The obvious drawback with the full representative is that it essentially “owns” its share of the market and will often keep the foreign firm away from the customer base out of fear that the foreign partner may go around it in the future. Also, while end-user pricing methods undisclosed to the foreign firm may bring short-term windfalls to the distributor, it may deny the foreign firm of future sales as the local market seeks less expensive alternatives.
Getting Up to Speed
In any event, the end goal for foreign firms is to have their distributors be as competent as possible.
Too often foreign firms believe that by training the sales and after-sales staff in their product or service they can soon be able to rely on the distributor. Yet, when the first strategic, major sales opportunity takes place, the distributor and the foreign firm suddenly find themselves at odds, no matter how clearly the distribution agreement may have been written.
Even if there is full review between the foreign firm and distributor, both sides often underestimate the difficulty in getting the local staff properly trained. Local employees tend to be a bit overconfident in their knowledge attainment and foreign firms tend to be a bit too eager to accept their Korean partners’ assurances.
The biggest cause of disappointment may be the communication barrier between foreign support staff and local line staff. While local employees can read English fairly or extremely well, they usually find themselves at a total loss when it comes to phone conferences. Furthermore, they may seem to understand during product training, when in fact they may be getting less than half of the delivered content.
All of which has a nasty way of being revealed when the pressure is on to meet what a foreign firm may consider as an unrealistic or overly aggressive deadline established by (or sales promises given to) the prospective customer.
Keys to Success
Given the above, one may wonder how one can be successful in Korea without a direct presence. One way is to limit your expectations of success and allow someone whom you may have met at a trade show or whomever to sell the least difficult product to a small part of the market. The danger with this strategy, of course, is that you may end up with expensive support of one-off sales in Korea while missing a potentially larger and more profitable market.
A more effective alternative is to find an agent who has a fair appreciation for the ways of doing business in Korea and abroad and who can actively keep you in touch with your distributor and the marketplace. Working with the distributor at least on a weekly basis, the agent stays up-to-date on the distributor’s staff, prospects and customers in order to advise both foreign firm and local partner on small, conflicting matters before they fester into major issues.
A good example of this involves the timeliness of communication. In a culture that stresses, “Just do it now!” Koreans are often exasperated by the slow response they get from their foreign partners. Time differences in global partnerships can be equally irritating between partners, but often it is difficult for Koreans to appreciate that the foreign partner is trying to systematically service concurrent, multiple market needs and that their demands are not cued to the front upon demand. At the same time, foreign partners are often slow to understand and appreciate the time and emotional demands that customers and prospects routinely place on local distributors.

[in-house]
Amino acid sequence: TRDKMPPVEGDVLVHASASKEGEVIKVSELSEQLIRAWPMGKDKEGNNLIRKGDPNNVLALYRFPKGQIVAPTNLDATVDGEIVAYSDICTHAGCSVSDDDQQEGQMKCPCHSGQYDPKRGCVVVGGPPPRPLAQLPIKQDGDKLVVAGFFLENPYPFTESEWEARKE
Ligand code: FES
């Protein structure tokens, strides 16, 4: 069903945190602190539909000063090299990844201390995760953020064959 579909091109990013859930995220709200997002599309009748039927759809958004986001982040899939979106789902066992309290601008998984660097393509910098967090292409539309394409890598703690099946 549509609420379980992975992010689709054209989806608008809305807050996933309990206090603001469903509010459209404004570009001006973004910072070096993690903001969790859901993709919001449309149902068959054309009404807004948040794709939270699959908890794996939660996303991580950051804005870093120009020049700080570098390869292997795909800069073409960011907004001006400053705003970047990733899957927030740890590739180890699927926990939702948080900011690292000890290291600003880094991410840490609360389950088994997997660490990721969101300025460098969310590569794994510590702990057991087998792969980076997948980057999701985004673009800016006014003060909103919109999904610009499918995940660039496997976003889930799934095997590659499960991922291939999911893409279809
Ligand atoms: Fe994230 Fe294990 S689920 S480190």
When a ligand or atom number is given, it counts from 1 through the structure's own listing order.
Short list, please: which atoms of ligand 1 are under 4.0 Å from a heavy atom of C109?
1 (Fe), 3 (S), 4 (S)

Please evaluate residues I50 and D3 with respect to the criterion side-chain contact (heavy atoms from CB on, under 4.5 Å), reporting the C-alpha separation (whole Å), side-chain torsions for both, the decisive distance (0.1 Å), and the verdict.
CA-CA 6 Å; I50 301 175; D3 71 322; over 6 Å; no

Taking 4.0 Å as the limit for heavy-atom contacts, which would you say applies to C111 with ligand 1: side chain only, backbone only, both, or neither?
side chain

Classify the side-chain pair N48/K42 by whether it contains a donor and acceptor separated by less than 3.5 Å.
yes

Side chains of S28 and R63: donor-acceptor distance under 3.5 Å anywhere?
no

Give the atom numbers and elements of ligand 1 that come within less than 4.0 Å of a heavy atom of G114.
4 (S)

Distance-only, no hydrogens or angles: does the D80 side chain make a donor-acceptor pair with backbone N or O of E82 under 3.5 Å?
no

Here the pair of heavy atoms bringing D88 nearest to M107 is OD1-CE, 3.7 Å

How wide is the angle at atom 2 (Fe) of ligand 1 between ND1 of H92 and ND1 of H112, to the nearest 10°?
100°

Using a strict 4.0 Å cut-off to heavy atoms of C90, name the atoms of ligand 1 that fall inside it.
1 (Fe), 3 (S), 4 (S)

With concise and timely communication of issues, the agent allows for the foreign firm to make effective decisions, and in the meantime, assists the local distributor to understand the benefits behind certain management practices (frequent sales forecasts, adherence to business plans, etc.).
Upgrading performance through experience-based consulting—including the evaluation or suggestion of alternative sales strategies, uncovering hidden conflicting agendas, and provision of results-oriented sales training—is also a possibility. Foreign firms and their distributors tend to spend a great deal of resources on product training and assume the sales staff already possess effective skills from their years of experience. Also, while “relationship selling” is essential to sales strategy in both Korea (friendship weighted) and the United States (“professionalism” weighted), engaging in just one form of relationship selling may very possibly result in market areas inadequately explored.
In the end, the decision to establish indirect sales in Korea must be made in conjunction with the question: “Who is going to keep an eye out on the store?” After all, your local partner will be selling your product, advancing your brand, and largely determining the success of your company in the world’s 11th or 12th largest economy.
Tom Coyner is the president of Soft Landing Korea, Ltd. and a Senior Consultant for IPG Legal. He has over 20 years of experience in Japan and Korea working for American firms as well as 7 years working for Japanese companies in the United States. When employed by an American company in Korea, he was twice salesperson of the year for Asia-Pacific largely due to his success in working with Korean distributors. He originally came to Korea as a Peace Corps Volunteer.
Sean Hayes is co-chair of the Korea Practice Team at IPG Legal. He is the only non-Korean to have worked as an attorney for the Korean court system (Constitutional Court of Korea) and one of the first non-Koreans to be a regular member of a Korean law faculty.